The proposal would also significantly change the estate taxation of grantor trusts.
The typical irrevocable grantor trust used in estate planning allows the grantor to be the income taxpayer on trust income, but if also done correctly allows the entire trust value to be removed from the estate. The immense power of using this strategy is the payment of income taxes by the grantor is not a taxable gift, causing a much greater amount to be transferred to the trust beneficiaries.
The House proposal would have assets in the grantor’s estate be subject to estate tax unless the trusts are grandfathered. Grandfathered trusts are those created and funded prior to the enactment of the new law. In addition, distributions from the grantor trust to a beneficiary during the life of the deemed owner of the trust (grantor) are taxable gifts. This would effectively destroy the use of Grantor Retained Annuity Trusts (GRATS) and Intentionally Defective Grantor Trusts (IDGTS). The most important aspect of the House proposal on grantor trusts are that these rules would be effective on date of enactment rather than on January 1, 2022. Planning and implementation must be done immediately if one wishes to take advantage of these planning strategies associated with grantor trusts.
Proposal would eliminate IDGT sale estate planning strategy
A very powerful current estate planning leveraging strategy is the sale to an IDGT. Because the grantor and the IDGT are the same taxpayer, no taxable gain is recognized. The terms of the sale are generally interest only followed by a balloon payment. If the asset being sold produces significant cash flow, it is possible to have significant amounts available to make the annual interest payments and create a side fund to pay off the balloon. All this is done without changing the grantor’s income situation in any way. The proposal would disregard the deemed ownership of the trust by the grantor and force an income realization event upon the sale. This would effectively destroy this planning strategy. This change is effective upon enactment as well as the other grantor trust provision.Those who could benefit from this strategy need to start planning yesterday.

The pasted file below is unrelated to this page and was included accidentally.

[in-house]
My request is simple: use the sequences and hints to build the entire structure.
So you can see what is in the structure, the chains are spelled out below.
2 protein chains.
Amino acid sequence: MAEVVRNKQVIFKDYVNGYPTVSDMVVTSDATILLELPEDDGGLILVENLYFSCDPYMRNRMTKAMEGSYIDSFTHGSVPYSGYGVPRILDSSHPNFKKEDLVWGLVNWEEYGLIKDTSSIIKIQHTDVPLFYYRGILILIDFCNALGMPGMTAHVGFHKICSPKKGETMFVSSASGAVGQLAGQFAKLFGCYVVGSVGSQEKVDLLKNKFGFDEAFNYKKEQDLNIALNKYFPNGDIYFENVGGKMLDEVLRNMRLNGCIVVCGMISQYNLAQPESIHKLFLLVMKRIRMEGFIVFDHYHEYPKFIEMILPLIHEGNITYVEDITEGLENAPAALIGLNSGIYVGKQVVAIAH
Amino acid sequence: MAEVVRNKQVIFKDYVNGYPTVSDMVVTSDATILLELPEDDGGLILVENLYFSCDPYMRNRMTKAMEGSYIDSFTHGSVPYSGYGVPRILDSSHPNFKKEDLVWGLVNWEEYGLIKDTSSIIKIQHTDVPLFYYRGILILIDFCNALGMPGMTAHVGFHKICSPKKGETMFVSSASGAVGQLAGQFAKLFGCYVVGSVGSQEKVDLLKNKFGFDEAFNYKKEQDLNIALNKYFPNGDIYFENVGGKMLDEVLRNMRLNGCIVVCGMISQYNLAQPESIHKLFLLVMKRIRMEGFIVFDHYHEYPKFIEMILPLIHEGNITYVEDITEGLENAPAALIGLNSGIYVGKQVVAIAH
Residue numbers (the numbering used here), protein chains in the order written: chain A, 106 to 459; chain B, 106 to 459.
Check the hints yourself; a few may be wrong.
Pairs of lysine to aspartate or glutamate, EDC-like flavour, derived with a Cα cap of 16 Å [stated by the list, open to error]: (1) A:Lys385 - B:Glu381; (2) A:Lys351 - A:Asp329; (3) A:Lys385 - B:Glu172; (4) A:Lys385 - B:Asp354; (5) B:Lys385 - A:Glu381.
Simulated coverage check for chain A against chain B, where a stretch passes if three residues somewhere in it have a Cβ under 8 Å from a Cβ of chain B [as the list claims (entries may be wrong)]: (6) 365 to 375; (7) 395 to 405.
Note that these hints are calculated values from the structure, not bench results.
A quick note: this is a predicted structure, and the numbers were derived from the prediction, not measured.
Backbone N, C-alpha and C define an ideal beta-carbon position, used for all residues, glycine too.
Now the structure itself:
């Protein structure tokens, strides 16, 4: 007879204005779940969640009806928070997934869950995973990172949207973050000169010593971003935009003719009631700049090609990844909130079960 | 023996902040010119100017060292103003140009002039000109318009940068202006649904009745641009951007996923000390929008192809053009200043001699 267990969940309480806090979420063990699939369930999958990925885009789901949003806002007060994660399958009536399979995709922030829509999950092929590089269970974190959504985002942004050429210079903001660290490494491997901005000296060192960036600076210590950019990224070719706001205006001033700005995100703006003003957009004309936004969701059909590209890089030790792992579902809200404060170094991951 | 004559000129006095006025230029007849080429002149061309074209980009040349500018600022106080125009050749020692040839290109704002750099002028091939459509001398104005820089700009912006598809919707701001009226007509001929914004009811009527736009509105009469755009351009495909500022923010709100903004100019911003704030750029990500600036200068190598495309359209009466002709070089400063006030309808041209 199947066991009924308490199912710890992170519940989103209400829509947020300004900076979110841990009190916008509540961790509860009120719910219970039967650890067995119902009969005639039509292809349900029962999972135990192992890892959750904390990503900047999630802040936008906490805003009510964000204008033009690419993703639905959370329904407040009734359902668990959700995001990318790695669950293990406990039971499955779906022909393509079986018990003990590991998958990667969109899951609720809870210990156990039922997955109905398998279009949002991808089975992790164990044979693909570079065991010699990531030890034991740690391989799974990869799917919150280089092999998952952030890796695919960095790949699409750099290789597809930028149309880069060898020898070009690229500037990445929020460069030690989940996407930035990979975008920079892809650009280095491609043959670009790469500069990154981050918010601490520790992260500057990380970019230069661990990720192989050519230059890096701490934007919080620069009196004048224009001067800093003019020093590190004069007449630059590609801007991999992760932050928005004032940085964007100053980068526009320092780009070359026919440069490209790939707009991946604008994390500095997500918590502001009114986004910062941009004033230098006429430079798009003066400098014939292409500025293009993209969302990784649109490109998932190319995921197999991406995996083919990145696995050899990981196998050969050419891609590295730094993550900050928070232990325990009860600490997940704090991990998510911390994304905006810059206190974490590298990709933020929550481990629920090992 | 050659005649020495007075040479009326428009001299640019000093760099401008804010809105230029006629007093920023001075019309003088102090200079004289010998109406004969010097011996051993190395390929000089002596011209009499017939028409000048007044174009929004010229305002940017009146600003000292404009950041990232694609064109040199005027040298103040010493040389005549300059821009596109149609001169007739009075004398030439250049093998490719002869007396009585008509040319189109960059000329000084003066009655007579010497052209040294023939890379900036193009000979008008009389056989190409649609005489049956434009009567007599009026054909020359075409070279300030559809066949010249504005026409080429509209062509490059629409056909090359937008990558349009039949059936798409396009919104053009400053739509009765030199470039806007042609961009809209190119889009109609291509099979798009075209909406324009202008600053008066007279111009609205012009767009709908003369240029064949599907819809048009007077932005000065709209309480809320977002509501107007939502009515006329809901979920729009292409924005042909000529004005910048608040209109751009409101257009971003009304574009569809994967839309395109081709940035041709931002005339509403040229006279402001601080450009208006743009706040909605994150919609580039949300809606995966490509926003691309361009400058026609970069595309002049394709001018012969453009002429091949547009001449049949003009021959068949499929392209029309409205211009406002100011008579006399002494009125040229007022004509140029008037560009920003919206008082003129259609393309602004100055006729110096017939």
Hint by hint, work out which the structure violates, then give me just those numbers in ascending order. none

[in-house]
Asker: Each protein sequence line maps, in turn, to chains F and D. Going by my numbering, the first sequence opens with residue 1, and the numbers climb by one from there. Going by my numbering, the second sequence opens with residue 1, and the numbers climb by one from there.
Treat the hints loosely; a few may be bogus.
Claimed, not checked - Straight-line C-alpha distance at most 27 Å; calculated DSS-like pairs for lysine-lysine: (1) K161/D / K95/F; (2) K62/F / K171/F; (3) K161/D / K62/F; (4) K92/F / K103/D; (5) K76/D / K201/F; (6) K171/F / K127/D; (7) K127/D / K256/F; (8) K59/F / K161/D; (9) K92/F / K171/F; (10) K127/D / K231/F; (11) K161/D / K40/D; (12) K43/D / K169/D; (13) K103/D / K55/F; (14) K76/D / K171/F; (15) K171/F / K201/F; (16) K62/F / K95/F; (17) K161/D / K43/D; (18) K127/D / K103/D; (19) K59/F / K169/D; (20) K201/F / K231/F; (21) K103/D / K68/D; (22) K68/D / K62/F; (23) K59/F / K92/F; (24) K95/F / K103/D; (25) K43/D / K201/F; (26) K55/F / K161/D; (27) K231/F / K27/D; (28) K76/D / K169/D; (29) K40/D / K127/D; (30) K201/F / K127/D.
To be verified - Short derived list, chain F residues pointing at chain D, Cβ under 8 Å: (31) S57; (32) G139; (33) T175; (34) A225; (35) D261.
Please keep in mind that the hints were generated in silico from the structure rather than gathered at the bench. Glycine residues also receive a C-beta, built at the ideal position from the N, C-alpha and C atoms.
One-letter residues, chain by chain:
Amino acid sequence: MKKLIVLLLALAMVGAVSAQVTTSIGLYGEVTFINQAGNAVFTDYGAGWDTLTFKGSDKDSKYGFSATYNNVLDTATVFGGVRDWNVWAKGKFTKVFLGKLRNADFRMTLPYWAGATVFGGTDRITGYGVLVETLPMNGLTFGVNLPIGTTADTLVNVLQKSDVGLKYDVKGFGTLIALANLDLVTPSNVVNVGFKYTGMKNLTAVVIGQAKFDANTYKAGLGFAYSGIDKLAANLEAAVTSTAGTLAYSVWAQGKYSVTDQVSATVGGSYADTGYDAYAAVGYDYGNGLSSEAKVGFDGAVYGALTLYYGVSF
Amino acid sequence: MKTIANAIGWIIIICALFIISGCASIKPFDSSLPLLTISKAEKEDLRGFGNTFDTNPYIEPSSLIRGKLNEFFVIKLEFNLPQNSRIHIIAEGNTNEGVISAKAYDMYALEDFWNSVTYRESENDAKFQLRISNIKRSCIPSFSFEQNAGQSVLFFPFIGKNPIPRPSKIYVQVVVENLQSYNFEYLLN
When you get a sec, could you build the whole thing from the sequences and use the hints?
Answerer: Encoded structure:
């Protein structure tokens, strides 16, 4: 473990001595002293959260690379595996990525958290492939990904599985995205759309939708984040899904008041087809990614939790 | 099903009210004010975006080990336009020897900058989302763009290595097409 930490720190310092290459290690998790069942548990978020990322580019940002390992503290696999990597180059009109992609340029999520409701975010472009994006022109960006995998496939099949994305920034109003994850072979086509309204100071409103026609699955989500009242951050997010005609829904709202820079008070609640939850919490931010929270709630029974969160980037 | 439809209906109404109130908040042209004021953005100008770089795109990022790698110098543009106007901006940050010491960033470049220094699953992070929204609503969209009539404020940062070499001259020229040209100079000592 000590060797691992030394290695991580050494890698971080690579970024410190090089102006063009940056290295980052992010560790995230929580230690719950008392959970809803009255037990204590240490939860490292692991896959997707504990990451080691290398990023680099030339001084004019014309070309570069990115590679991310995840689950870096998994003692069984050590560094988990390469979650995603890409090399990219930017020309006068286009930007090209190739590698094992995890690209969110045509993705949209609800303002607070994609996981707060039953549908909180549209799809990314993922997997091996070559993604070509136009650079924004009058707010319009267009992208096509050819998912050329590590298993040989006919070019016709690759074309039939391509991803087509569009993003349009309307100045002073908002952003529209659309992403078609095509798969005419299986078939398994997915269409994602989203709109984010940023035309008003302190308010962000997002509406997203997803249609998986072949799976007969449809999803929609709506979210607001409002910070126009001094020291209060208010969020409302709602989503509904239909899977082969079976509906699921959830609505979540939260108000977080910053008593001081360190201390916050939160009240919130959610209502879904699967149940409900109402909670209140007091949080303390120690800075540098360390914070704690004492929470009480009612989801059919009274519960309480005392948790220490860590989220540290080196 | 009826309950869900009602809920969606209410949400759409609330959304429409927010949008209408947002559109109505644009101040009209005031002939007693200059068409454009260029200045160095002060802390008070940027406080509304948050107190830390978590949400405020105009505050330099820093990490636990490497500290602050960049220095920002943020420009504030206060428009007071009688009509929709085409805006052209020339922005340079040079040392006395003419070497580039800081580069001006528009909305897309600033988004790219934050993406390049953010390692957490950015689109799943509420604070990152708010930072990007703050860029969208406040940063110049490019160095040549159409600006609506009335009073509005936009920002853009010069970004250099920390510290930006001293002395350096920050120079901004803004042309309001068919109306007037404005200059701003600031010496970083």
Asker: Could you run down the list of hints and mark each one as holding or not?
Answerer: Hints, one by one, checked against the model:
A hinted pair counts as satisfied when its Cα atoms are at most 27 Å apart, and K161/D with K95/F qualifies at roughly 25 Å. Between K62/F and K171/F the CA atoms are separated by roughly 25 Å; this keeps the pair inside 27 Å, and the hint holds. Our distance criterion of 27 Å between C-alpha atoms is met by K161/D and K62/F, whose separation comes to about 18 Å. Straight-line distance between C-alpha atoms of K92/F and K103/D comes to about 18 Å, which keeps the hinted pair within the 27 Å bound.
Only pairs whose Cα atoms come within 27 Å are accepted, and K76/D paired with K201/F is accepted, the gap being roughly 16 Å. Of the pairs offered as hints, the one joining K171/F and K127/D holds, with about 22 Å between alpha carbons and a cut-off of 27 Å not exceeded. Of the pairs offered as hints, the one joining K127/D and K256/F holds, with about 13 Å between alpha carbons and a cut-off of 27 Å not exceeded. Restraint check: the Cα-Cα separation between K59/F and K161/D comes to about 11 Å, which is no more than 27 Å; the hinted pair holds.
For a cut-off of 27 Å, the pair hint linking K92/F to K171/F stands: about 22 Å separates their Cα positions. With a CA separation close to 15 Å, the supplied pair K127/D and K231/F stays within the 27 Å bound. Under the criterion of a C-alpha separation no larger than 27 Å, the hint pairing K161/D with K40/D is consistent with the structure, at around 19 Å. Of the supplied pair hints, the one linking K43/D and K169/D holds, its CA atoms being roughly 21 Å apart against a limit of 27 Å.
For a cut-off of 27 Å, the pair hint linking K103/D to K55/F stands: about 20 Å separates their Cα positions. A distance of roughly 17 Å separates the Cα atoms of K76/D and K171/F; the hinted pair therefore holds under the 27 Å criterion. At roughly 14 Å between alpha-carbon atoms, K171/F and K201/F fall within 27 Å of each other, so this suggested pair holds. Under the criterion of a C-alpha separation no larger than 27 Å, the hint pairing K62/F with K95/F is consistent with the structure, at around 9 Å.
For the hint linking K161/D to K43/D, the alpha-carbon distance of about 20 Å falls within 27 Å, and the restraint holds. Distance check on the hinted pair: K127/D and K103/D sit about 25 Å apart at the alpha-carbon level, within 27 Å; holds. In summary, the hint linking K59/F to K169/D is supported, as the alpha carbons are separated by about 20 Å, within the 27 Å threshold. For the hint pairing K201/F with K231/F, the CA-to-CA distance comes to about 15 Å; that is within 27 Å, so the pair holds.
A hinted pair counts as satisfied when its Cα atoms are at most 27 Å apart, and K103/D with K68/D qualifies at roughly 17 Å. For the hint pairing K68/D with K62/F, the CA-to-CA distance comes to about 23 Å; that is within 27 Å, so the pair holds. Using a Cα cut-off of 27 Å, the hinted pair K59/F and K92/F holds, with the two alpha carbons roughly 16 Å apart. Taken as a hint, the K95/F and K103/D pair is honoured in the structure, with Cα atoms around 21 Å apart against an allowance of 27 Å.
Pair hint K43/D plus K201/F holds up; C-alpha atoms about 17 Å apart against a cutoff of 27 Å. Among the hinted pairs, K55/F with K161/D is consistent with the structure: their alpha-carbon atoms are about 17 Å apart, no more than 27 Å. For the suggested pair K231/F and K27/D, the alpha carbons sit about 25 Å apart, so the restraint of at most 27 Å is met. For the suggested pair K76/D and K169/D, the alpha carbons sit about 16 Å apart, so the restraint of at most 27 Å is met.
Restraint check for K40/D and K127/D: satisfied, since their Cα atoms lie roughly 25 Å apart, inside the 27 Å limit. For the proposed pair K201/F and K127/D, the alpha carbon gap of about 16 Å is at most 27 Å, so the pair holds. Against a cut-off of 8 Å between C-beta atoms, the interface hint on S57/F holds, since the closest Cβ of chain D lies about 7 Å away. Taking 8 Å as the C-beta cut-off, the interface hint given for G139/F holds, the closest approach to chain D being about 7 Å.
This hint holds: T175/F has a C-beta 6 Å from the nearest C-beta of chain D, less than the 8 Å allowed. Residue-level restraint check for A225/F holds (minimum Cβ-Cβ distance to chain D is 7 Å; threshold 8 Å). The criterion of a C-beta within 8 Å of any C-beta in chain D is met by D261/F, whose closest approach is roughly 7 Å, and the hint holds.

Rrestriction of the use of valuation discounts